Books that Changed Everything

My friend who works for a library recently posted this question on social media: What was the book that changed your life? She included a link to an article with writers giving their answers and I skimmed through it, not recognizing most of the titles. But it got me thinking.

I’ve been reading since, well, the day I could read, and really even before that if you count all the hours I spent on the living room couch as a child with a picture book on my lap, making up the story because I couldn’t understand the actual words yet. So I’ve been ingesting information and fantasy and debate and romance and mystery and history and humor and dialogue for nearly all my life…and that’s a really tall order to sift through all those years and chapters and sentences and come up with an answer to this now seemingly trite question.

But as I said, it got me thinking.

Two answers came to mind immediately:

First, A Heartbreaking Work of Staggering Genius, which is a beautiful, poignant memoir I could say a lot about, but really because it introduced me to Dave Eggers, a man who would become one of my all-time favorite authors. If you’ve seen my Favorites page, I mention You Shall Know Our Velocity, but everything I’ve read by Dave has pricked my soul on some level. Why? Because he writes in this spare, crystalline way that I aspire to, for one. But for two, he writes the truth. Whether it’s the inane conversation between two friends trying to plan a trip, or the innermost thoughts of a young woman unable to think for herself, or a trek up Mt. Kilimanjaro by an under-prepared man, he writes the truth. When someone is able to tap into what is true—even if you’ve never experienced for yourself the exact thing being written about—you know it without knowing how you know it. And whenever that happens, it’s like a seam opens up in the fabric of your life and you see into the secret place wherein all the world’s wisdom lies.

My second answer is The War of Art by Steven Pressfield. I have a story about this. A few years ago I was at a wedding with my boyfriend. We were going through a tumultuous time, lots of ups and downs and breakthroughs in our relationship, lots of vulnerabilities and hurts and doubts, and the bottom line was that I did not want to be at that wedding. I barely knew the couple getting married, I was deeply tired on an emotional level, and that night I was so on edge I could barely speak because I was afraid we’d get into an argument as we’d been doing a lot of back then. As we were making our way around the buffet table, my boyfriend got caught in a conversation with a woman holding a baby. A man, who turned out to be the woman’s husband, turned to me to introduce himself and made a few other polite inquiries by way of small talk. I must have told him I was a writer, because he told me he was a musician. And then he asked me if I’d read The War of Art. I said no, I’d never heard of it.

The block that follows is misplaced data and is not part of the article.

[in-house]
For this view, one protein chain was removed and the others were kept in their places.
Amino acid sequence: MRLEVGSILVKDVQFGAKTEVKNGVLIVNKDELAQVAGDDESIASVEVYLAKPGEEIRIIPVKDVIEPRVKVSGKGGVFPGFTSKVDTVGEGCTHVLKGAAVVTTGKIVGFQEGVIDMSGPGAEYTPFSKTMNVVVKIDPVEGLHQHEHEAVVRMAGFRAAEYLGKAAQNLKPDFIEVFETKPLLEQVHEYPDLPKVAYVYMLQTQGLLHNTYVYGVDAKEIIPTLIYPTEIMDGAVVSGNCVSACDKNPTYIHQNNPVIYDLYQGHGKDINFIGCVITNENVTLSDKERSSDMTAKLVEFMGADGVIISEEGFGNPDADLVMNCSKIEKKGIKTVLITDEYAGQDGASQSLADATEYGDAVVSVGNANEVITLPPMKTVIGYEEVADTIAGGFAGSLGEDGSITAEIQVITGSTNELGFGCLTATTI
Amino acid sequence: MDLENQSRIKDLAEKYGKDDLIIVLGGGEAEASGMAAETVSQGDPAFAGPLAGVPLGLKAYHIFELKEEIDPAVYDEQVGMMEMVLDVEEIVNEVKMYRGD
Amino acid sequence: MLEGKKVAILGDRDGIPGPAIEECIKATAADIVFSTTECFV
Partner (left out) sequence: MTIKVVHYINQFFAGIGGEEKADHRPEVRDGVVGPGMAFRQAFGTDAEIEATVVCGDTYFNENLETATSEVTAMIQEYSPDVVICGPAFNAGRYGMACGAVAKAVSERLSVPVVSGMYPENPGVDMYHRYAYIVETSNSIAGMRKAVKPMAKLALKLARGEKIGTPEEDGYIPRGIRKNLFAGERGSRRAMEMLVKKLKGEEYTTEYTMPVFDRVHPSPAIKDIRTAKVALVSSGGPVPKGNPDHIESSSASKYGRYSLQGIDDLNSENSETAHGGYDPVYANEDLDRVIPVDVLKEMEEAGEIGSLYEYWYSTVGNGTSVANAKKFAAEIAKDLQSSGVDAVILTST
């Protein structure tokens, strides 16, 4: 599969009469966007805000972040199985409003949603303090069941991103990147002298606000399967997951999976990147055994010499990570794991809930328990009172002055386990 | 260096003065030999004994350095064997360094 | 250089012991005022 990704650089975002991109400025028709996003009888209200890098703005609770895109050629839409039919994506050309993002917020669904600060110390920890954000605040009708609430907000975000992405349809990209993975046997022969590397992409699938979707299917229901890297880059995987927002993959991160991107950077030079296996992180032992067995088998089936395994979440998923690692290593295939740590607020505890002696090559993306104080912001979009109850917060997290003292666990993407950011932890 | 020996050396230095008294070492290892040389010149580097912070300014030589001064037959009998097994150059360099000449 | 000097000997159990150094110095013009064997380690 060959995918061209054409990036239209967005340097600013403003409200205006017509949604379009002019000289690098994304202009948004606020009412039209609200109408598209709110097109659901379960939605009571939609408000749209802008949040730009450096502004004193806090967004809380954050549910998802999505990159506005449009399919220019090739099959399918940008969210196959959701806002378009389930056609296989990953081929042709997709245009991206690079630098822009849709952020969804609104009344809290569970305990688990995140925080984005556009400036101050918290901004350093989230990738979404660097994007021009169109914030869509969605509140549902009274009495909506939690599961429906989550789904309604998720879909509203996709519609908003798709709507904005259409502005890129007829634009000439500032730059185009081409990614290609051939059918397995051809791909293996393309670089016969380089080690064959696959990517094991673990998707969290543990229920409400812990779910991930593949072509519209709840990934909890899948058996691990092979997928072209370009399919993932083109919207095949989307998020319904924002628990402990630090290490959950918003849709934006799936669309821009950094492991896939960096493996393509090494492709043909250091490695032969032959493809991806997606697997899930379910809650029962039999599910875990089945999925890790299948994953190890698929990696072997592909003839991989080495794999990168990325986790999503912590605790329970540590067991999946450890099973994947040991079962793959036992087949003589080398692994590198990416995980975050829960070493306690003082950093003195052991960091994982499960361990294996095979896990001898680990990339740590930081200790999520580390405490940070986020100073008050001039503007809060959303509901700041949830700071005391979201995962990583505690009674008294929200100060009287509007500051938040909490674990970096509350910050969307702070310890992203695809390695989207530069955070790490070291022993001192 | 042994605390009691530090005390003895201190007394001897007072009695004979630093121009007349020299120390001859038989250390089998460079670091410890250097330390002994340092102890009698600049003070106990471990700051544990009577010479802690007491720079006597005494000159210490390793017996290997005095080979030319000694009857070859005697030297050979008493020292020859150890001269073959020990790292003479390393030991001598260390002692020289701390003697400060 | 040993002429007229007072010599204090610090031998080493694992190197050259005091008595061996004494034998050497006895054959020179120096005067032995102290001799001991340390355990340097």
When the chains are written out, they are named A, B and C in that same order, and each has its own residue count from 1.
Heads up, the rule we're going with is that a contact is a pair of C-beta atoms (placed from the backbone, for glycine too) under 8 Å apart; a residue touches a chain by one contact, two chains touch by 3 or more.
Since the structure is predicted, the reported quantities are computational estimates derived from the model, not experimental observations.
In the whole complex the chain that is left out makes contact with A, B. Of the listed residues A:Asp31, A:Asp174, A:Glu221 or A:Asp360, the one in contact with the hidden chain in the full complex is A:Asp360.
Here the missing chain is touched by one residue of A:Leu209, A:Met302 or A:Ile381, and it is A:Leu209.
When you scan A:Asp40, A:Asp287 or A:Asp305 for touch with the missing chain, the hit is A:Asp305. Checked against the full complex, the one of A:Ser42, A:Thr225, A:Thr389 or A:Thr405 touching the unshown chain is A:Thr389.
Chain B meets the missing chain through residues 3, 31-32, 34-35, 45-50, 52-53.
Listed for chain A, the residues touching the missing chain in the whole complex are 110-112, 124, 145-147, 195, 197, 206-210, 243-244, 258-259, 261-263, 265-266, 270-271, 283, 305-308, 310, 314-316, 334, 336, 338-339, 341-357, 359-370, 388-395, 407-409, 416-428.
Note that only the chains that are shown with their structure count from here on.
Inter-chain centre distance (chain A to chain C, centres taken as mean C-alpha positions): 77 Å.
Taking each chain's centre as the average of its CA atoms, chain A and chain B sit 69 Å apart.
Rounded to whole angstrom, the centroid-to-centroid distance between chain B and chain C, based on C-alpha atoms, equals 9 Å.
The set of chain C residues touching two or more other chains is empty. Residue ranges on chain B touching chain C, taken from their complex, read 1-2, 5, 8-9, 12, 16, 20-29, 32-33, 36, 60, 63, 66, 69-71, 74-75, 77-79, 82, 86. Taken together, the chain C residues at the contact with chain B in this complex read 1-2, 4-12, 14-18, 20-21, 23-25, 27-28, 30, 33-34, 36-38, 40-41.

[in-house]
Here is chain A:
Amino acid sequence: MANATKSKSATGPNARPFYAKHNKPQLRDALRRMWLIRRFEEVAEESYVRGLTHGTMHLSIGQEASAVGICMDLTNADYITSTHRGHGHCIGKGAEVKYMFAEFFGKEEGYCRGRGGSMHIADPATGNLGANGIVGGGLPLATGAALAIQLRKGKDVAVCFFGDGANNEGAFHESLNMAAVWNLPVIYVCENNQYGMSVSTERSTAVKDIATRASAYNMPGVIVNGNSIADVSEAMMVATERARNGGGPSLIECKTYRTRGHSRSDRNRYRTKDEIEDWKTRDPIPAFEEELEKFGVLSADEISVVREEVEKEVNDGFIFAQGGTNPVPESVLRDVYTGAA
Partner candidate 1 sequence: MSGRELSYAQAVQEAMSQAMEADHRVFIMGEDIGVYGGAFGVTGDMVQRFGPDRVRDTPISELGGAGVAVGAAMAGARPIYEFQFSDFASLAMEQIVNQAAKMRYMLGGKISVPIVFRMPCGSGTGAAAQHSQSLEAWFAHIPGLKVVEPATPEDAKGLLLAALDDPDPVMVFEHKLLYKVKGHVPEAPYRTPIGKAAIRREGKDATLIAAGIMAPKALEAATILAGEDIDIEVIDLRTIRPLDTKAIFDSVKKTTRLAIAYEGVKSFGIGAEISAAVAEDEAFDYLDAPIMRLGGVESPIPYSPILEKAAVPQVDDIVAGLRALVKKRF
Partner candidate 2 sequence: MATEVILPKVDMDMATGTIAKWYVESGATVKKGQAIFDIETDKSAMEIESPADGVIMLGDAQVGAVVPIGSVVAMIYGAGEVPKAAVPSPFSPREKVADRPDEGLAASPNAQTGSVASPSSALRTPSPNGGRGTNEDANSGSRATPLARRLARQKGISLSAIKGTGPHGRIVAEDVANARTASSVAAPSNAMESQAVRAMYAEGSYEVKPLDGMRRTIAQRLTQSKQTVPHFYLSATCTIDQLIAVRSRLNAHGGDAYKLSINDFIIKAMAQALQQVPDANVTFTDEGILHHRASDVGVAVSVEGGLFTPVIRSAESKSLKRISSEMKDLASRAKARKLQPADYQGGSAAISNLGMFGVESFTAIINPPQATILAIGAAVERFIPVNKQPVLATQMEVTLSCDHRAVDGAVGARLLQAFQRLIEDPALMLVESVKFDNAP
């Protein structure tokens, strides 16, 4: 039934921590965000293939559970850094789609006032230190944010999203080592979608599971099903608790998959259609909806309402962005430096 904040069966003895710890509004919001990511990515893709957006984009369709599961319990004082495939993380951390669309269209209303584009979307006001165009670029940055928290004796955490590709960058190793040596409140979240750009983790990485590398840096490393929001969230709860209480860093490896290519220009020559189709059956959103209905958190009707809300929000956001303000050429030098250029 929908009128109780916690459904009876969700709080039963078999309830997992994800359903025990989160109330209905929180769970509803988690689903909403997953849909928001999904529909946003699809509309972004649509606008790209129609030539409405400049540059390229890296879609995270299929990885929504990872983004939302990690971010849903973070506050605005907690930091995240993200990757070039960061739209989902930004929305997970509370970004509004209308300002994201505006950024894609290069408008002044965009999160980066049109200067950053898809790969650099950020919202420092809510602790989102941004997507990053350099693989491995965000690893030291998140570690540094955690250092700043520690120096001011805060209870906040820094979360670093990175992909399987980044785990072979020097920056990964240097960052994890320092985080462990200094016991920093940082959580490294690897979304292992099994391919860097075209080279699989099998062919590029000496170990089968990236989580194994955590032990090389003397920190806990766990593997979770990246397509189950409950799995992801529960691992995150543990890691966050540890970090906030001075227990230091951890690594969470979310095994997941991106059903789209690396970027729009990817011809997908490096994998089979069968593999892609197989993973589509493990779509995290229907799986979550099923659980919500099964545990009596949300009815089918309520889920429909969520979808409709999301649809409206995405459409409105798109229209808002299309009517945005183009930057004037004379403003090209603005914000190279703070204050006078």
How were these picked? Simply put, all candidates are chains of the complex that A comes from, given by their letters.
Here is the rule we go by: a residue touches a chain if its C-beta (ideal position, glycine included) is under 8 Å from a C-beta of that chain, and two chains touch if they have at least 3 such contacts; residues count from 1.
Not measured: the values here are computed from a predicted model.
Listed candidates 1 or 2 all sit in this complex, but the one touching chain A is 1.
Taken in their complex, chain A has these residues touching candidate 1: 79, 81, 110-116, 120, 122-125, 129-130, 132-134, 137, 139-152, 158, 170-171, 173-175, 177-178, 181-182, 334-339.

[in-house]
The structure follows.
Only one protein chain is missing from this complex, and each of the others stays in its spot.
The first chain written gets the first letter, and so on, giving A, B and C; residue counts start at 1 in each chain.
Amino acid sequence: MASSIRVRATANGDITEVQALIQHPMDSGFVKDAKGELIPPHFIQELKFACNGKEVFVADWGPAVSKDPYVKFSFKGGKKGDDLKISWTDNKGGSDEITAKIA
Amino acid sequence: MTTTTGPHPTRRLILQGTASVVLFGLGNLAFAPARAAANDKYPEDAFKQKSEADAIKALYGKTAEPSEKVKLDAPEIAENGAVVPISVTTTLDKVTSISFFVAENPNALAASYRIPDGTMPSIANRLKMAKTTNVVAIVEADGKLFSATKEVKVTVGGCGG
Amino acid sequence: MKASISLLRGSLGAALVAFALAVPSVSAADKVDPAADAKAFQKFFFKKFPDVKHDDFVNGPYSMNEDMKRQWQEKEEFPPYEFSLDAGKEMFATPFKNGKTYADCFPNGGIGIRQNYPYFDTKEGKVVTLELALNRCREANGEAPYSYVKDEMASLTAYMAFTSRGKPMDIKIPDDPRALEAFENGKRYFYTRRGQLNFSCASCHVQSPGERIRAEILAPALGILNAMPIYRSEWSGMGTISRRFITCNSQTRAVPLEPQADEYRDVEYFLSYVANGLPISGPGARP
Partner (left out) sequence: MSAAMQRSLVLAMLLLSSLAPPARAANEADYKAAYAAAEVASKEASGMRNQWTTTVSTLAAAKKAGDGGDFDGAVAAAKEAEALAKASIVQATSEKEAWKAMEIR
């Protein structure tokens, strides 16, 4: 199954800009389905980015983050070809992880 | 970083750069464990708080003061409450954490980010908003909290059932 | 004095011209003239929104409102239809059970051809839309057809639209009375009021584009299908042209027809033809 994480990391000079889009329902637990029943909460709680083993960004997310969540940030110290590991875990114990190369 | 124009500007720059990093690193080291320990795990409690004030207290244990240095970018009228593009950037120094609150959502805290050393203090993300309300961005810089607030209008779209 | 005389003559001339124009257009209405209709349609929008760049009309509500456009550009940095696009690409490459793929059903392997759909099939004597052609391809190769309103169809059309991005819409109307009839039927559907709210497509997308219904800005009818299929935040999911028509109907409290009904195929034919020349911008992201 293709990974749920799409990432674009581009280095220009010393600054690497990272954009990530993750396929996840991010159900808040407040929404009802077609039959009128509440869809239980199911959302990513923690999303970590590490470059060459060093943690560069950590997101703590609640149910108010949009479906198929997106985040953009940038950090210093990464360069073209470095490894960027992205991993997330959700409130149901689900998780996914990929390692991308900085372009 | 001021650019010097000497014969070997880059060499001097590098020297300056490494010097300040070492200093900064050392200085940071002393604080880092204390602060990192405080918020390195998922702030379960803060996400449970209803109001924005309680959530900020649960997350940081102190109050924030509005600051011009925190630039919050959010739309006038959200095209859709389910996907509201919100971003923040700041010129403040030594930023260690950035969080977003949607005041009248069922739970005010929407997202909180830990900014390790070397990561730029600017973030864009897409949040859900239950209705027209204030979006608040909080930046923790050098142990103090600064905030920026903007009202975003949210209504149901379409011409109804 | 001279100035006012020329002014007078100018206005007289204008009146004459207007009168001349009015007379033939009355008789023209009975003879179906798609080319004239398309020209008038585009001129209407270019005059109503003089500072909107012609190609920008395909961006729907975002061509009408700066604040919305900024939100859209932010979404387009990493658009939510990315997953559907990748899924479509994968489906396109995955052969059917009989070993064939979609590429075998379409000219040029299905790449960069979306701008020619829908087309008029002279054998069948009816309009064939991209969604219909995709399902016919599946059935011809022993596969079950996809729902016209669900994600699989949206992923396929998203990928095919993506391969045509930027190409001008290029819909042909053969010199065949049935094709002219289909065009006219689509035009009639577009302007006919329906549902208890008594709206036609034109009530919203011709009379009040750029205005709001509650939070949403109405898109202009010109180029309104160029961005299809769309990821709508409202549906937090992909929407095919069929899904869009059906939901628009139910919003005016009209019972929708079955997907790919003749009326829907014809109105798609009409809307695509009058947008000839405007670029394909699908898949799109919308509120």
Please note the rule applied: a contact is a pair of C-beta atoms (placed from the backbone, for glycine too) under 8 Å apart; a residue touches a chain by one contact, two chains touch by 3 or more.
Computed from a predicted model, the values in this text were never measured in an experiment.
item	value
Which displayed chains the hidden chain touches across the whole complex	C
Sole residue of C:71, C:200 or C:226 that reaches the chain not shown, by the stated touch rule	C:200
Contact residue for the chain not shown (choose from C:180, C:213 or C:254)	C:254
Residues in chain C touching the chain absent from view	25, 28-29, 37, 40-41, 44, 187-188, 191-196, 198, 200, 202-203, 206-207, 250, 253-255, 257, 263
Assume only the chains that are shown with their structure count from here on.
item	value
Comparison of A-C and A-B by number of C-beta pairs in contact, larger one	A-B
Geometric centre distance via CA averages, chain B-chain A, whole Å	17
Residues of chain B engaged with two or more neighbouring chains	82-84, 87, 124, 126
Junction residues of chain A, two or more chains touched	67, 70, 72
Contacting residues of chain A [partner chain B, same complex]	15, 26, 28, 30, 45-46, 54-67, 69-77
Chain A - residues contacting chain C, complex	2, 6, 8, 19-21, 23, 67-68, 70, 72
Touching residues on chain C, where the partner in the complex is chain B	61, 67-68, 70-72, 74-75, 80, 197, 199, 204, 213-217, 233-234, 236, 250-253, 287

And you know when you have one of those moments where everything in the room just stops…the background noise disappears…everyone else fades into a blur…and the only thing you’re conscious of is your heart beating and the face of the person in front of you who’s about to change everything? This man whose name I don’t remember, who was a struggling musician as much as I was a struggling writer, who had met me as a stranger and would forget me as a stranger but somehow understood that the vocation I had embarked upon—much like his—was fraught with self-doubt and fear, told me he’d found enlightenment in this book and I believed him. I bought the book the next day and devoured it in one sitting. As with all my favorite books, I’ve read it several more times, and every time I am slapped upside the head and humbled and vow to recommit myself to my work. It’s a book that doesn’t let anyone off the hook. It holds you accountable, in your life and your art. It asks how willing you are. It has nothing to do with bestseller lists or profit margins or six-figure deals, all the things we humans deem important.

(Note to readers: whenever you have one of those moments, pay attention. And for heaven’s sake, if it involves a book you need to read, go out and read it. Books are messages; the writing comes not from the author, but from the divine. Steven Pressfield will tell you all about it).

Many other books have left permanent impressions on me. I could try to talk about them all, but such self-indulgence might become a bore to you (and to me). So I’ll just leave you with these. And the original question. And your thoughts.